Companies are staring to do more to measure their impact on the environment.

Fashion is in a bind.

The mission? The industry has to save its part of the planet.

But where to start: The oceans? The air? The flora? The fauna?

And what is actually in need of saving and what needs saving first — and how does one go about it and what steps toward sustainability actually help? And how does one make a buck while they do it?

Sustainability as a term speaks both to business that operates in a way the doesn’t destroy natural resources and to one gigantic measurement problem.

In finance, companies operate under generally accepted accounting principles and although publicly held companies do their best to point to other measures of profitability and growth, the rigid GAAP framework at least lets everyone talk about money matters with the same vocabulary.

The same is not true in sustainability.

That’s starting to change with green bean counters starting to build a new field: Natural capital accounting.

Eco-consultant Pei Yun Teng, A.T. Kearney’s global director of social impact, said it is still a very new area, but one that’s important for the sustainability movement and companies looking to lessen their eco footprints.

But things get complex — and fast.

“How do we even value hidden social [and] environmental costs?” Teng said. “How do you value biodiversity when we don’t even know…the price of lost biodiversity? How do you value an extra year of clean air and what’s the impact on humans and animals? What can you even value and what does valuing it imply for the way we think about it? What is the scope? We have to draw that scope.”

Luckily, industry has some experience in the area.

Greenhouse gas accounting is fairly mainstream now, said Teng, noting that most big companies have published their greenhouse usage for years and break down the numbers.

“That’s fairly well documented by now, but it took a couple decades to get there,” she said. “Natural capital accounting, that journey is probably much younger.”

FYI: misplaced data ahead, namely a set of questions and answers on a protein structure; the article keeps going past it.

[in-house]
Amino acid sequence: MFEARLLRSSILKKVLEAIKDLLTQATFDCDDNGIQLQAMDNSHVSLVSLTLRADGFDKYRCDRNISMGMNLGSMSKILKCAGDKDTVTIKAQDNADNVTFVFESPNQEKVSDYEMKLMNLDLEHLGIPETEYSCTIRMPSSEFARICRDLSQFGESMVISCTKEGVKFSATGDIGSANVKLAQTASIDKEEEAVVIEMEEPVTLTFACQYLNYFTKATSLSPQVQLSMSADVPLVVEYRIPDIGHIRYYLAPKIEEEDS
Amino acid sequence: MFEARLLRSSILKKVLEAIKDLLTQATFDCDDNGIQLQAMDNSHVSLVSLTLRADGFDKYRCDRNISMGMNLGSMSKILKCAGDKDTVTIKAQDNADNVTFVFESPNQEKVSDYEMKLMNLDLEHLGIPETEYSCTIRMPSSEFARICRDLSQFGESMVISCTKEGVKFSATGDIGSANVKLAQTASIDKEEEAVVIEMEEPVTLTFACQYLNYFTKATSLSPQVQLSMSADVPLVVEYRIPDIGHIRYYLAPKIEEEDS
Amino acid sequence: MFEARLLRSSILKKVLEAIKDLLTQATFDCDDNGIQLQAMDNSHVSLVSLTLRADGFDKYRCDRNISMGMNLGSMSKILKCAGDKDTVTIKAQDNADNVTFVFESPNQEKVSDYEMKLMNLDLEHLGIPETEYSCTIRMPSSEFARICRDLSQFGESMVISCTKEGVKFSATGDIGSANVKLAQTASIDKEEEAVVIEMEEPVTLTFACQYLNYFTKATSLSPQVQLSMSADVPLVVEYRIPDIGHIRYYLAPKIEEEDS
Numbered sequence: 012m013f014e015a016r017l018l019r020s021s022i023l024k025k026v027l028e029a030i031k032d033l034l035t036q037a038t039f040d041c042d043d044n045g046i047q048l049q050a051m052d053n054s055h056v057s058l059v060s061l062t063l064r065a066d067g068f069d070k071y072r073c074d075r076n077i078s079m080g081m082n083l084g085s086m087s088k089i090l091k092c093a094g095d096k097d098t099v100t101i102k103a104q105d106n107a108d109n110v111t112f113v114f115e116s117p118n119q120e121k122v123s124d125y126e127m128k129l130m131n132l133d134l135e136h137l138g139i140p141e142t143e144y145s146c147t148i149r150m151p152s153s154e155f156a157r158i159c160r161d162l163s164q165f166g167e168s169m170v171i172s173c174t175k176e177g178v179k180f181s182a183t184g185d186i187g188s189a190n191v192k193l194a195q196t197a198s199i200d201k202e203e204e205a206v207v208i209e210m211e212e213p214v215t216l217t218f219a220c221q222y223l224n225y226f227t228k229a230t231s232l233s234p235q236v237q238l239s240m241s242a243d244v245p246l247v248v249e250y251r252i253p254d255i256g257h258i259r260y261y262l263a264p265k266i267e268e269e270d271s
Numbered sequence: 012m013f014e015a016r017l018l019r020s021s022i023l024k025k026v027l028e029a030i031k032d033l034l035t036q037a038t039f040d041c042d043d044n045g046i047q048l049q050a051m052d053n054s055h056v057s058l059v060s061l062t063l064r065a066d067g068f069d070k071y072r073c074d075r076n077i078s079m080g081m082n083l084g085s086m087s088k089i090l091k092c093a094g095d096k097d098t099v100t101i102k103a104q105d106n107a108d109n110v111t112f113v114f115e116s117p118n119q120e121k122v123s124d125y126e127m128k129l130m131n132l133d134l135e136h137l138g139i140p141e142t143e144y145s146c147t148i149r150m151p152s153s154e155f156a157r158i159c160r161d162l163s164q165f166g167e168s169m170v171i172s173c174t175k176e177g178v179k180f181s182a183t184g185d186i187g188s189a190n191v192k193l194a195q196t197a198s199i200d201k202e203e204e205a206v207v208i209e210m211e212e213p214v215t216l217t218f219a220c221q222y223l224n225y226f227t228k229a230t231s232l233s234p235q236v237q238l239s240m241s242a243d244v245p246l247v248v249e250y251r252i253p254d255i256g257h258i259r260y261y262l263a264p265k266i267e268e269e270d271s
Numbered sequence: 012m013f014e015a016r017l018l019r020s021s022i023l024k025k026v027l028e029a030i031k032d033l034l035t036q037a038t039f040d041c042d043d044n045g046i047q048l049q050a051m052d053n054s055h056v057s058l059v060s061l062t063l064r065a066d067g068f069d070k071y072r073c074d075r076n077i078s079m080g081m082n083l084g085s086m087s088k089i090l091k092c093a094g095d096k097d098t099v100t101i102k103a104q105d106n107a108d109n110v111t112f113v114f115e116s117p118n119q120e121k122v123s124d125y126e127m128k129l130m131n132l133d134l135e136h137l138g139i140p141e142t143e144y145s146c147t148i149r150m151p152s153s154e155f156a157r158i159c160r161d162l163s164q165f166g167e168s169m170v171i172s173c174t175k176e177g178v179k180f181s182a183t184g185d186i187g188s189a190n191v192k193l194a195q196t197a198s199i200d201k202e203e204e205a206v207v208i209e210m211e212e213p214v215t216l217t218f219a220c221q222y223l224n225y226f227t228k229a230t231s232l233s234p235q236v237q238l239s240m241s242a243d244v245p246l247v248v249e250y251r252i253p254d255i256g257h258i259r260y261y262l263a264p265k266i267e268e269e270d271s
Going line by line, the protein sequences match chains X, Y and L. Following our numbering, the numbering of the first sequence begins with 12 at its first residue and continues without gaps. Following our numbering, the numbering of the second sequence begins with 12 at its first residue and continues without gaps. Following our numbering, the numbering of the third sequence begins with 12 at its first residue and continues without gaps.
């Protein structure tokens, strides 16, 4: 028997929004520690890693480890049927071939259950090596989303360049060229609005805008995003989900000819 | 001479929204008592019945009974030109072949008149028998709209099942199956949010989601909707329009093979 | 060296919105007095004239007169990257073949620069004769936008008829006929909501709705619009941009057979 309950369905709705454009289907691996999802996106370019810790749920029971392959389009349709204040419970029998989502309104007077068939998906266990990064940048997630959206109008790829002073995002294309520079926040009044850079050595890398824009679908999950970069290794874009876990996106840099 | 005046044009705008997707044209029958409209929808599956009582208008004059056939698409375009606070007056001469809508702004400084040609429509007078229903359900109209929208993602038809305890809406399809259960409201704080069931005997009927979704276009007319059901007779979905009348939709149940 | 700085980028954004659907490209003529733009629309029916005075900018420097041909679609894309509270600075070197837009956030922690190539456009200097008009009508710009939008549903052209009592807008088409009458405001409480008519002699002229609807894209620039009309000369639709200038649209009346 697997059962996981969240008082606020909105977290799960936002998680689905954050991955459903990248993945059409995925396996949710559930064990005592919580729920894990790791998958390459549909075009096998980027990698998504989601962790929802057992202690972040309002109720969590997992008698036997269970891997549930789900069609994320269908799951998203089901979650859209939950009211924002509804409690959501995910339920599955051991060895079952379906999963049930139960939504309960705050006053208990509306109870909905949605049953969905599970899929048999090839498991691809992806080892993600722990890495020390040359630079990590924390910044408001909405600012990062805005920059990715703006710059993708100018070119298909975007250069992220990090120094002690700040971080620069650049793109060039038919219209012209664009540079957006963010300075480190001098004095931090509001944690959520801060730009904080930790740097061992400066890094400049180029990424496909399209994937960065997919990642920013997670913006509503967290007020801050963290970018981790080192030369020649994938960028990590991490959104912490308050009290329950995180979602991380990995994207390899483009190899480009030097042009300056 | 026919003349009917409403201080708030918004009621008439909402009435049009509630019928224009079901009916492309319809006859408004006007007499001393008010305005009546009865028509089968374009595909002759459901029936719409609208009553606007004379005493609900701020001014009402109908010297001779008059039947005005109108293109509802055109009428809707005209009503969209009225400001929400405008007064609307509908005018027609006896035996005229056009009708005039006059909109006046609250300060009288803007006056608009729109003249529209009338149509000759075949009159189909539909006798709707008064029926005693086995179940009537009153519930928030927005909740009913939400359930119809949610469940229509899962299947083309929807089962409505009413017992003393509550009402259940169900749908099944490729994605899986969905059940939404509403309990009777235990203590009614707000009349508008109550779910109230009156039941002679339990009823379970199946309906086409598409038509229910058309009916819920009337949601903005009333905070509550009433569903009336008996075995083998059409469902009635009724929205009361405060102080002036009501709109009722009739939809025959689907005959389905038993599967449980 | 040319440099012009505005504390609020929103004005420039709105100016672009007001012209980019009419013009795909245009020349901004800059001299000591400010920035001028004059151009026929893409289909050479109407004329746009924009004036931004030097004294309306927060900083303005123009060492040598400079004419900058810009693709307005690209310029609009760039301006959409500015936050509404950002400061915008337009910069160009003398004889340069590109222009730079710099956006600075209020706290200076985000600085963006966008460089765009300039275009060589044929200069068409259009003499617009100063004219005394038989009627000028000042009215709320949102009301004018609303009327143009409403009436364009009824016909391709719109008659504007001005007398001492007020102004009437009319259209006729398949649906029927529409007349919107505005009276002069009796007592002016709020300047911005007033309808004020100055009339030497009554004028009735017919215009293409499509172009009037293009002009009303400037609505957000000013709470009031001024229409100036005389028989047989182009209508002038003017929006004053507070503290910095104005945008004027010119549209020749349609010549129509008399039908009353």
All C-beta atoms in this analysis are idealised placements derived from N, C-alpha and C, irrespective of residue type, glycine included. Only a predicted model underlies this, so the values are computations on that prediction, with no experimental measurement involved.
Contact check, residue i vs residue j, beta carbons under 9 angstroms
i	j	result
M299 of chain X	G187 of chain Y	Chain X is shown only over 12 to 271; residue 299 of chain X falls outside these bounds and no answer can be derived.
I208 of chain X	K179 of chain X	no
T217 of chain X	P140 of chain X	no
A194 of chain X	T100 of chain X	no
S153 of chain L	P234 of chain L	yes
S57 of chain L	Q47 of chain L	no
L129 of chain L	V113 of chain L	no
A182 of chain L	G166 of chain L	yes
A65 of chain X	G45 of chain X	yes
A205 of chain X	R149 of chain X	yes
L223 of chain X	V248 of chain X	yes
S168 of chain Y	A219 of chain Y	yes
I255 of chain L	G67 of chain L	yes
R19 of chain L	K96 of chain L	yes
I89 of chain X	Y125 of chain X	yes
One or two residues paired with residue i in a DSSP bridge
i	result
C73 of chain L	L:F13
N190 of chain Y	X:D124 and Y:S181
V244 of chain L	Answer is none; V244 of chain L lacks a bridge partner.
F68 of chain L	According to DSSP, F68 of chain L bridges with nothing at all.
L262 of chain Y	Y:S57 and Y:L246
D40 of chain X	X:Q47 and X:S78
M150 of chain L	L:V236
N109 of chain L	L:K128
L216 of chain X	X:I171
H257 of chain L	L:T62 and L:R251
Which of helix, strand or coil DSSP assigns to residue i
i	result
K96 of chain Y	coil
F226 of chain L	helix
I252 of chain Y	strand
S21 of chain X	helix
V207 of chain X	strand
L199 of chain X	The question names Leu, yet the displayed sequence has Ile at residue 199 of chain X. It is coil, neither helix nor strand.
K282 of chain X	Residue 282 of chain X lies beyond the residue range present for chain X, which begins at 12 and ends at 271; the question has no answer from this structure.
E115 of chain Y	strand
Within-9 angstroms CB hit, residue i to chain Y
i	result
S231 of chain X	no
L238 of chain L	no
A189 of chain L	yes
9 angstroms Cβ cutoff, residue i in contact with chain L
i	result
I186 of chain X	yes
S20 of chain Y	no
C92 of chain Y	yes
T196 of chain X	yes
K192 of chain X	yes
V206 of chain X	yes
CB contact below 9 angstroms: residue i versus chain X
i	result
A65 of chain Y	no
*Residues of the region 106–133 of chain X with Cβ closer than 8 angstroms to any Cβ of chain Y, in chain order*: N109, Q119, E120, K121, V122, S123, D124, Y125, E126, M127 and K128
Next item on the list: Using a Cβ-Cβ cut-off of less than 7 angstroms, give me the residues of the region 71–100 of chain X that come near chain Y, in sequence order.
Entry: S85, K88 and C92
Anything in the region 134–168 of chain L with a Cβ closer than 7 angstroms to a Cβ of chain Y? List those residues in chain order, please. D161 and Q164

Fashion helped take some of the first steps.

Puma published an environmental profit and loss statement in 2011, valuing its impact in the areas of greenhouse gas emissions, water use, land use, air pollution and waste at 145 million euros.

As more companies make accountings of their environmental impact, the industry can start to establish benchmarks and measure progress.

“The assumptions are extremely sensitive and we don’t have at the moment a widely accepted international methodology,” Teng said. “As more companies come on board, we’re going to learn from each other. This is a great opportunity for the fashion industry to really understand how they can build a more sustainable business model.”

New business models are important as Teng said companies that used to find themselves accountable for just their own direct actions, or their supply chains, now face broader responsibilities. Brands are now becoming more accountable for the natural resources used to make goods and also for what happens to their products after the consumer is done with them.

This has led to the advent of circular companies such as For Days, which was founded by Maiyet cofounder Kristy Caylor. The service sends users T-shirts to wear and then takes them back for recycling when they’re done.

This type of thinking could become much more important if brands are held accountable for the broader impact of their goods.

Teng pointed to fast fashion, which might make a T-shirt for $5 and sell it for $10.

“There may come a day when regulators step in and say, ‘Hey businesses, you’re going to have to pay the full price of all the resources you’re using,’” she said, suggesting that $5 cost could skyrocket.

As a management team, she said, “You want to allocate your attention and resources accordingly.”

Saving the planet might be a big task, but it’s better to dive in and start somewhere and build expertise and experience.

“Businesses are recognizing that this is where we want to be headed,” Teng said.